Why Reverse Engineering?

Reverse Engineering has changed a great deal over the past 20 years, with new technology and ever improving techniques. Within this blog we shall be discussing how Reverse Engineering is used in today’s industries, and how it can help you. …

Alejandro Auerbach

September 11, 2020

Reverse Engineering has changed a great deal over the past 20 years, with new technology and ever improving techniques. Within this blog we shall be discussing how Reverse Engineering is used in today’s industries, and how it can help you.

What is Reverse Engineering

To understand what reverse engineering is, we must remember what engineering itself does: Getting desired outputs (i.e. Products, services, solutions), from available inputs (i.e. Parameters, data, resources) through a set of processes. So reverse engineering can be understood as the process where we get inputs from outputs; in other words, a deconstruction process.

RE has always been a thing since the dawn of civilization. It has been an essential part of innovation to study a piece of technology for replication, especially throughout wars. For example, Romans examined Carthaginian ships and redesigning them to get an advantage at naval warfare or the USA and USSR continually scrutinising each other’s technologies during the cold war. But where are we today in this matter? Thanks to digital technologies like CAD software, 3D scanning, and 3D printing the way we do engineering is taking a great turn, RE is not the exception.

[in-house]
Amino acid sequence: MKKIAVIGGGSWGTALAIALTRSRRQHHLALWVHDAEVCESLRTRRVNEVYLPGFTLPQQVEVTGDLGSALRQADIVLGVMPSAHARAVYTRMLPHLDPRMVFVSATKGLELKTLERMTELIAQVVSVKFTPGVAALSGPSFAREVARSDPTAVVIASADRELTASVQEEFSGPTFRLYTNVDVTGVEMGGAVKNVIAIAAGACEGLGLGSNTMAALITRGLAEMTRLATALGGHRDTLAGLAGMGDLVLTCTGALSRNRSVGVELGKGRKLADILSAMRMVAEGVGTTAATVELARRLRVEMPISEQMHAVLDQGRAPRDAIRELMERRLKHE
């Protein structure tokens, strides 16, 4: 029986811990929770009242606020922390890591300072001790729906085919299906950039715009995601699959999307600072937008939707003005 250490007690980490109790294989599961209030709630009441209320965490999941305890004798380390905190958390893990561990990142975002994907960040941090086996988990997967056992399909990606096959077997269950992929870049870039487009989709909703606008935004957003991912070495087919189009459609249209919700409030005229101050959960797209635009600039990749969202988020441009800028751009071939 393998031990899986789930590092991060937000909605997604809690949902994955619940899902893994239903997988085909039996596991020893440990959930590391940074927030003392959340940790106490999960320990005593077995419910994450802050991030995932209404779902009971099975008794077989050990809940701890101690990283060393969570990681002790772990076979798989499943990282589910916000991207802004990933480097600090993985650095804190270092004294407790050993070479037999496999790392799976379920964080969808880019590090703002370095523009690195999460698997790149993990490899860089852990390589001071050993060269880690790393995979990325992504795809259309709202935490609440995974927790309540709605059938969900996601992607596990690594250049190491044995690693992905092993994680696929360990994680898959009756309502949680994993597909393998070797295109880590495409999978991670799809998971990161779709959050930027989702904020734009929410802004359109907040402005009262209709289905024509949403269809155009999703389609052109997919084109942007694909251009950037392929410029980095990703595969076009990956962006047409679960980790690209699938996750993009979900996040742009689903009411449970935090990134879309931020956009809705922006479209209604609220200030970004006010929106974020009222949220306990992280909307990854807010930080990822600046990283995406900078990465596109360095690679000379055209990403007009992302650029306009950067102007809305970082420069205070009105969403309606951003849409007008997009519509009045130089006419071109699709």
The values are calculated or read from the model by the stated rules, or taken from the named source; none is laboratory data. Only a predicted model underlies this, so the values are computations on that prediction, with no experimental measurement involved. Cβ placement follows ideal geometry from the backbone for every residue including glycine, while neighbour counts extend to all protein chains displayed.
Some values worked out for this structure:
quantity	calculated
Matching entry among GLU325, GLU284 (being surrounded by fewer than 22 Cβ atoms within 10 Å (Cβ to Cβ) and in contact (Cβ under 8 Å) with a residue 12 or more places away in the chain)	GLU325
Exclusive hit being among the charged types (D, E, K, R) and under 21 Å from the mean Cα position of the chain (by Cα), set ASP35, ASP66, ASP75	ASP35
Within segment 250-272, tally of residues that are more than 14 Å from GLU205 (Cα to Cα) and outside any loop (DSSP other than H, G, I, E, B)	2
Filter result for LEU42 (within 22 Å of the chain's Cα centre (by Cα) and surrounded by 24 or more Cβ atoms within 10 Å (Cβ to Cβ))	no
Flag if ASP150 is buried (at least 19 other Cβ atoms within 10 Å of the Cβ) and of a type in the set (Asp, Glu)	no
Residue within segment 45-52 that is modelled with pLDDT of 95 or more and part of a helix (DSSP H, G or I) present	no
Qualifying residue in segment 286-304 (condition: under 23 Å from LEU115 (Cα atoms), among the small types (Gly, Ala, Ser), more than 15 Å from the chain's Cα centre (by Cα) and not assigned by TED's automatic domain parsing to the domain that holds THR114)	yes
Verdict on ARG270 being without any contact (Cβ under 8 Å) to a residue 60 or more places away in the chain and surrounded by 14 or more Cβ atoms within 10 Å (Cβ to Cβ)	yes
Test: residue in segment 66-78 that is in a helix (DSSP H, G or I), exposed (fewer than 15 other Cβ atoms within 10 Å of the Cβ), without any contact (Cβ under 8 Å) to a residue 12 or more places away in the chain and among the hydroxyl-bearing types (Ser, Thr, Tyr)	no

Reverse Engineering Process

Traditionally, a RE process consisted of analogical measurement and analysis. But today, having a 3D scanner is the best option. There are many 3D scanning technologies like photogrammetry, laser triangulation, time of flight, contact, and, the ideal choice for RE (thanks to its versatility and accuracy), structured light. Solid Print 3D offers two market-leading handheld scanners, Peel 3D and Creaform, for more information on 3D scanners, check out this article.

Once you have the 3D scanner, your main objective is to get a CAD part as accurate as possible from a physical object. The following are the main steps:

  1. Scan the object to get the point cloud data.
  2. Point cloud processing and meshing.
  3. Convert mesh into CAD solid.
  4. Once you get into the CAD environment, the limit is the sky and looking into its benefits would be on another whole subject.

For more information on the RE process, click here.


Reverse Engineering Purposes

Now that we know what RE is and how CAD technology is vital to achieving it, we’ll go deeper into specific purposes. Great enterprises have adopted new methodologies based on this technology to ease,  their entire production cycles. The following uses that we are going to tackle are making outstanding contributions with flexible processes and optimal results.

Legacy Designs to CAD

Sometimes, it might happen that an old part must be replaced, and design specifications for manufacturing are missing. Maybe you have the specifications, but you just want to digitalize them. Whatever the case may be, having legacy parts made into CAD is highly advantageous. First of all, you get digital documentation that is easy to access, transfer, and edit. Moreover, if you want to send it to digital manufacturing processes like 3d printing, CNC, or mould tooling, you must have a 3D model. Lastly, you can even redesign the part into an improved version once you get parametric data (geometry, dimensions, and tolerance).